Steps lead to a world of canvases awash in aqua, midnight blues and sea greens tinged with vermillion. Alongside these are walls lined with strokes, cyphers, curves, that depict phases, courses and the rhythm in life. This was the first, of many steps that the eclectic mix of audience took, to experience what lay in store at “The Art of the Poet” event this Thursday evening at Gyaan Adab. Displayed in their art gallery were a selection Randhir Khare’s pen and ink drawings and acrylic on canvas work “Earth Windows”, “Dreamscape” and “Waiting” among others. Just as the colours from the canvases started seeping in and the lines started getting etched into the minds of this appreciative audience, they were asked to step into another sensory experience that awaited them in the courtyard.
“I draw the spaces words don’t seem to fill,” is how Randhir Khare, artist & poet at heart, began the next phase of this evening’s experience. He recited a couple of his verses, “Sand doesn’t go away it remains.....” and briefly talked about how his art starts where words stop. The poet artist further added how he desired to express himself through all forms of art, drawing, words and music going ahead. Given that he couldn’t express himself musically....yet, he passed on the baton to Deepak Bhanuse, a young, budding flautist to do so on his behalf for the evening. Mr. Bhanuse, who has completed his MS in Flute from the Pune University, has dedicated 15 years of his life in mastering his chosen art form, the flute.
Deepak Bhanuse, took the stage and in his enthusiastic and heartfelt words explained to the audience how he was going to react and express himself through the mellifluous strains of his flute, on seeing the work of Mr. Khare. His chosen instrument that took everyone on a new sensory journey was a specially crafted 4 feet long flute with 12 holes, called Krishavenu, named thus, by the Shankaracharya of Puri. Hand crafted by his guru, Pandit Keshav Ghinde the Krishnavenu has earned them a mention in the Limca Book of Records for being the only two people in the world to incorporate such complex physics in order to create this instrument, and then use it to create such magical art, using only a simple piece of wood.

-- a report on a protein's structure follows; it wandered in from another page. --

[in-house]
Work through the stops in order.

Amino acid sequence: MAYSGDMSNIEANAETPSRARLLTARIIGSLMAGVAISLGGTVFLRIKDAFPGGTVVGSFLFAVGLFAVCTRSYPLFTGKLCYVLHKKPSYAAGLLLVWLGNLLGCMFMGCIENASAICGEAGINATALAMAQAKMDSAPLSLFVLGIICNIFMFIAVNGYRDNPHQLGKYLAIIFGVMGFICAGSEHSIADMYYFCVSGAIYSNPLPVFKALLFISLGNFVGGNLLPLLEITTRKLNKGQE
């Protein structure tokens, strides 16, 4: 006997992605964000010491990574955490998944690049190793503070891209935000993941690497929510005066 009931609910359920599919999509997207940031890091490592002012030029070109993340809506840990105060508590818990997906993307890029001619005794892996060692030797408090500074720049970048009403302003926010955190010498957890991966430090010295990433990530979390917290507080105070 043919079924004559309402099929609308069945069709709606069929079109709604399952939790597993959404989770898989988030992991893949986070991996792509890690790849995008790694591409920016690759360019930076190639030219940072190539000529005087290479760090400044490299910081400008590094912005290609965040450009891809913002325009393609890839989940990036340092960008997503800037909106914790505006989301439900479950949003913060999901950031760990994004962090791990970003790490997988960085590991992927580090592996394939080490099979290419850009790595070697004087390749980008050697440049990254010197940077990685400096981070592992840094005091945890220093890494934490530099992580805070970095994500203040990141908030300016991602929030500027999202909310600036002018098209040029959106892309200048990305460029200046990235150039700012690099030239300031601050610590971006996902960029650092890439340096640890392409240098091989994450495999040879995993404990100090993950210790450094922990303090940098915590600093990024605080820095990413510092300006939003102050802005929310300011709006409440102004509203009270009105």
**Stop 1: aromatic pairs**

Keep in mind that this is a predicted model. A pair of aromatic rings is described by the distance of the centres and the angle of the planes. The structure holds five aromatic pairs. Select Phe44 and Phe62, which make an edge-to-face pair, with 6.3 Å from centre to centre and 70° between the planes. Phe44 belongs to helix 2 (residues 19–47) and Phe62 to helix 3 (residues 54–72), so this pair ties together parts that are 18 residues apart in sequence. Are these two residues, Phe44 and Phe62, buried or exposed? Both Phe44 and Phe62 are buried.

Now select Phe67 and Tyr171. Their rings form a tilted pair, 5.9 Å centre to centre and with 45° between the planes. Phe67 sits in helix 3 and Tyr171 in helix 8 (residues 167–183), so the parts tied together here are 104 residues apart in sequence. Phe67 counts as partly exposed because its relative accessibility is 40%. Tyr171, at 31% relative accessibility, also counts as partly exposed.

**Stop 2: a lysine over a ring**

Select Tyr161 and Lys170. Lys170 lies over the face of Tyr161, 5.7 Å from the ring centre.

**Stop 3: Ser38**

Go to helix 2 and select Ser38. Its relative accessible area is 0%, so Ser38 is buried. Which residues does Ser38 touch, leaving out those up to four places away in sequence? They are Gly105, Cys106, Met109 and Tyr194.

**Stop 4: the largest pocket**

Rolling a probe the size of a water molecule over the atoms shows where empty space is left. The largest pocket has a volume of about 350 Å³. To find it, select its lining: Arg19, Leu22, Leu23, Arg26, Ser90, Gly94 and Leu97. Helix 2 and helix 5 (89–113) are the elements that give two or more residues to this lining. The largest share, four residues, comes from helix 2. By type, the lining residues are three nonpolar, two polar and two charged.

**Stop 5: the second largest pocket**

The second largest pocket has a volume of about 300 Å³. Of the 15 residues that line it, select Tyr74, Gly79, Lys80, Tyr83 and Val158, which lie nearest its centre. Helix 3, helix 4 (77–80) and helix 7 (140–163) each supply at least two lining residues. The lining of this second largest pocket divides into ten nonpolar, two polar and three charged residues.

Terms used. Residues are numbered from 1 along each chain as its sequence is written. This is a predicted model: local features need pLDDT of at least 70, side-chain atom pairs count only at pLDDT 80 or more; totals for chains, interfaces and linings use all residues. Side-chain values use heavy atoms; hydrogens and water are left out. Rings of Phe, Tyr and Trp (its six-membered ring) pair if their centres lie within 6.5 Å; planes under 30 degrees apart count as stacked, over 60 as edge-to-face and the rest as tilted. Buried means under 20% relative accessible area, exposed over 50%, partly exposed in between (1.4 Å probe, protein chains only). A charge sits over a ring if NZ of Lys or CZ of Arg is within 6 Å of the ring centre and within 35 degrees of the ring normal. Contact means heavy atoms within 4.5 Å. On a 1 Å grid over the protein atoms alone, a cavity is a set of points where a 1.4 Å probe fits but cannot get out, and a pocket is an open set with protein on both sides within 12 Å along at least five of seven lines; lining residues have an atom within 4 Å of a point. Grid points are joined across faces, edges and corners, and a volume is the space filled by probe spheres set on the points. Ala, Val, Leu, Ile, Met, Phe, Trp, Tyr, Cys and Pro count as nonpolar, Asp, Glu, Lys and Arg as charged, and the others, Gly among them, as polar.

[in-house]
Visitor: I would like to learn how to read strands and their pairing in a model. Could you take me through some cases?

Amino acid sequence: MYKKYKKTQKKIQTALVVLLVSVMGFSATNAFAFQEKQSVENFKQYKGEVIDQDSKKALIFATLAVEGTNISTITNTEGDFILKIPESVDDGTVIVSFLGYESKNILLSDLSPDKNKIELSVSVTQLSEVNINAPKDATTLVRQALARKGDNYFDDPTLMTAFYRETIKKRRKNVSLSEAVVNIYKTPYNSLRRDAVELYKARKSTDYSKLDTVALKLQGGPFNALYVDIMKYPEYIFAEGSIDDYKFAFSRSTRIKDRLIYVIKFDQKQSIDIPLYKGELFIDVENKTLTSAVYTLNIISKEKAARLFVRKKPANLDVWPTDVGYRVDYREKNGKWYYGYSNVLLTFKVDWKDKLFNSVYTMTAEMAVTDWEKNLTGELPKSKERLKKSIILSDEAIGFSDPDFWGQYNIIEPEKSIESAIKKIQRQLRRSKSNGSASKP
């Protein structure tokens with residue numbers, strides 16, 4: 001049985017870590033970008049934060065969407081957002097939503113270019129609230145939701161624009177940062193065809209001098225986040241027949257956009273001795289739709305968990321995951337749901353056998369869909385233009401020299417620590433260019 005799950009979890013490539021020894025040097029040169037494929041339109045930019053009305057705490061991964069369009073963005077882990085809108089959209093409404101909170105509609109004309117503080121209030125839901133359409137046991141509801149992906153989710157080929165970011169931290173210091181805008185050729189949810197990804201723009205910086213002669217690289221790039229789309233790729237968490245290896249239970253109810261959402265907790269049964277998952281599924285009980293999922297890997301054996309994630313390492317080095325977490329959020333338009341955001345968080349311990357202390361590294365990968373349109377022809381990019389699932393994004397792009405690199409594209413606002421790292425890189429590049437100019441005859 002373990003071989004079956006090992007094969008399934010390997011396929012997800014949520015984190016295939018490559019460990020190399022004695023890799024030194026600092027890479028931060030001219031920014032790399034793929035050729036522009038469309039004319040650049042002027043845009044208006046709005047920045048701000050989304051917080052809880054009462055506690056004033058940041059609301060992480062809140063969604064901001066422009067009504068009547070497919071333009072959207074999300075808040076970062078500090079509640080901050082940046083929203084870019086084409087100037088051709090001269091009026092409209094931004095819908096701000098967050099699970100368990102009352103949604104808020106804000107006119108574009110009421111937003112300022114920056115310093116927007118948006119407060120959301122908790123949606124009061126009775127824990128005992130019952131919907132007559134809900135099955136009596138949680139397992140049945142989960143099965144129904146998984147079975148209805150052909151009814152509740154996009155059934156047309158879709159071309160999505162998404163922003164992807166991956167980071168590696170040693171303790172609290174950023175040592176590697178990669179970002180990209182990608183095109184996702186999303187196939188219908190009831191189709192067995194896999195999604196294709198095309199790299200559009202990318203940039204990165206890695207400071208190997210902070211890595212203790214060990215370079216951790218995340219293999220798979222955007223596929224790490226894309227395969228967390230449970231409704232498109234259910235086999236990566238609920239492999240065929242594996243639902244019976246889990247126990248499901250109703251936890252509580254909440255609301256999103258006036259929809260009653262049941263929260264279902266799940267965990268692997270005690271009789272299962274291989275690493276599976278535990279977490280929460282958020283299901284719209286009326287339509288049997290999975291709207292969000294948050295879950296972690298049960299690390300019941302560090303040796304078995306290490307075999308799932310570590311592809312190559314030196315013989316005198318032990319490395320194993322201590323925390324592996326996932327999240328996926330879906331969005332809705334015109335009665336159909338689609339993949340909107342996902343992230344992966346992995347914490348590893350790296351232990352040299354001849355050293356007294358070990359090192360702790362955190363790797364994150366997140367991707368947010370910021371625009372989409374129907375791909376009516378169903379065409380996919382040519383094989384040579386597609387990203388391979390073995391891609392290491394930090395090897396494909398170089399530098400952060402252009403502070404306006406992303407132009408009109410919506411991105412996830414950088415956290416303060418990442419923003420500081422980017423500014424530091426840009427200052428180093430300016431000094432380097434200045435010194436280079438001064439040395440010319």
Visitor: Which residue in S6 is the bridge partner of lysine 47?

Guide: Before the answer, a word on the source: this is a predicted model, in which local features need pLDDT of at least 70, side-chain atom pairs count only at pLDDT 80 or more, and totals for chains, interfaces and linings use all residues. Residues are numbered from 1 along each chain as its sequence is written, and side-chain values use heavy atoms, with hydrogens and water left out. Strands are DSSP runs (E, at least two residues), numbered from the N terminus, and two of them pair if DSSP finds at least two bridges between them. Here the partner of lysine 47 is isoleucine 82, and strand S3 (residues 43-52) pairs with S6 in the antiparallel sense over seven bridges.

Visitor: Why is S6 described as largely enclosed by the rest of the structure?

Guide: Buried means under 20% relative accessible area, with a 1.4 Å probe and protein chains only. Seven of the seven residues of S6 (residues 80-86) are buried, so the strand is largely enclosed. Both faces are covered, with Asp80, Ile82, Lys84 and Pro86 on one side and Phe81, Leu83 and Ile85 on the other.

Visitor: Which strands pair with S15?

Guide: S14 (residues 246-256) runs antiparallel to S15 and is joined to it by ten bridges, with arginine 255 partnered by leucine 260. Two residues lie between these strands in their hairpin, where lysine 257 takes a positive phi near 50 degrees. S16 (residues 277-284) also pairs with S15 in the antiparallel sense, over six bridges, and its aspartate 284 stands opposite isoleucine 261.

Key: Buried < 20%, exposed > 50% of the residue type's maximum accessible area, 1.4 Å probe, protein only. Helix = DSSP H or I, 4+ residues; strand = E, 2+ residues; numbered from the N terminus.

The first strains of the Krishnavenu was like the sensation of lips sipping cool water and the water slowly inching down, quenching the thirst of a parched throat. Most of the audience were mesmerised and had their eyes closed, ever willing to follow onto the path that Mr. Bhanuse chose to go on. One could hear the infusion of the rhythm induced by Mr. Khare’s drawings in the melodic strains of Raag Ahir Bhairav and Raag Shree that Mr. Bhanuse rendered. In between his performances, Mr. Bhanuse also painted a picture with words for the audience, when he mentioned how he had given certain nuances to the very difficult Raag Shree to help it complete his expression on seeing some of the art work. Following this unique musical rendition was the recitation of the poem “I Remember” by Mr. Khare, written in memory of the time he spent in his childhood in the house where the famous poet laureate Rabidranath Tagore wrote the famous “Gitanjali.”
This recitation brought the audience to the last and final step of the evening where Mr. Khare requested them to express their feelings on how this journey of collaborative art made them feel on a huge white board. Among the audience were many office goers, home makers, fellow artists and college goers who were eager to rid themselves of the day’s woes and had partaken in this unique sensory journey which transported them into another world and was gently tugging them back to reality. Words, drawings, lines and thumb prints filled this blank white board in minutes. In the words of an audience member who was on vacation and present that evening just by chance; this experience was something so unexpected, relaxing and out of this world that she wanted to collect as many such memories as she could before she flew back home.
Such was the power of amalgamation of art, music and expression that evening that, it left no one untouched...no one was willing to let go of the spirit of expression which had taken seed and will branch into its own in the coming days in its own unique way. Many more such forms of expression are germinating at Gyaan Adab and will unfold in the days to come. So, if you haven’t already, please make sure you are part of these experiences in the future.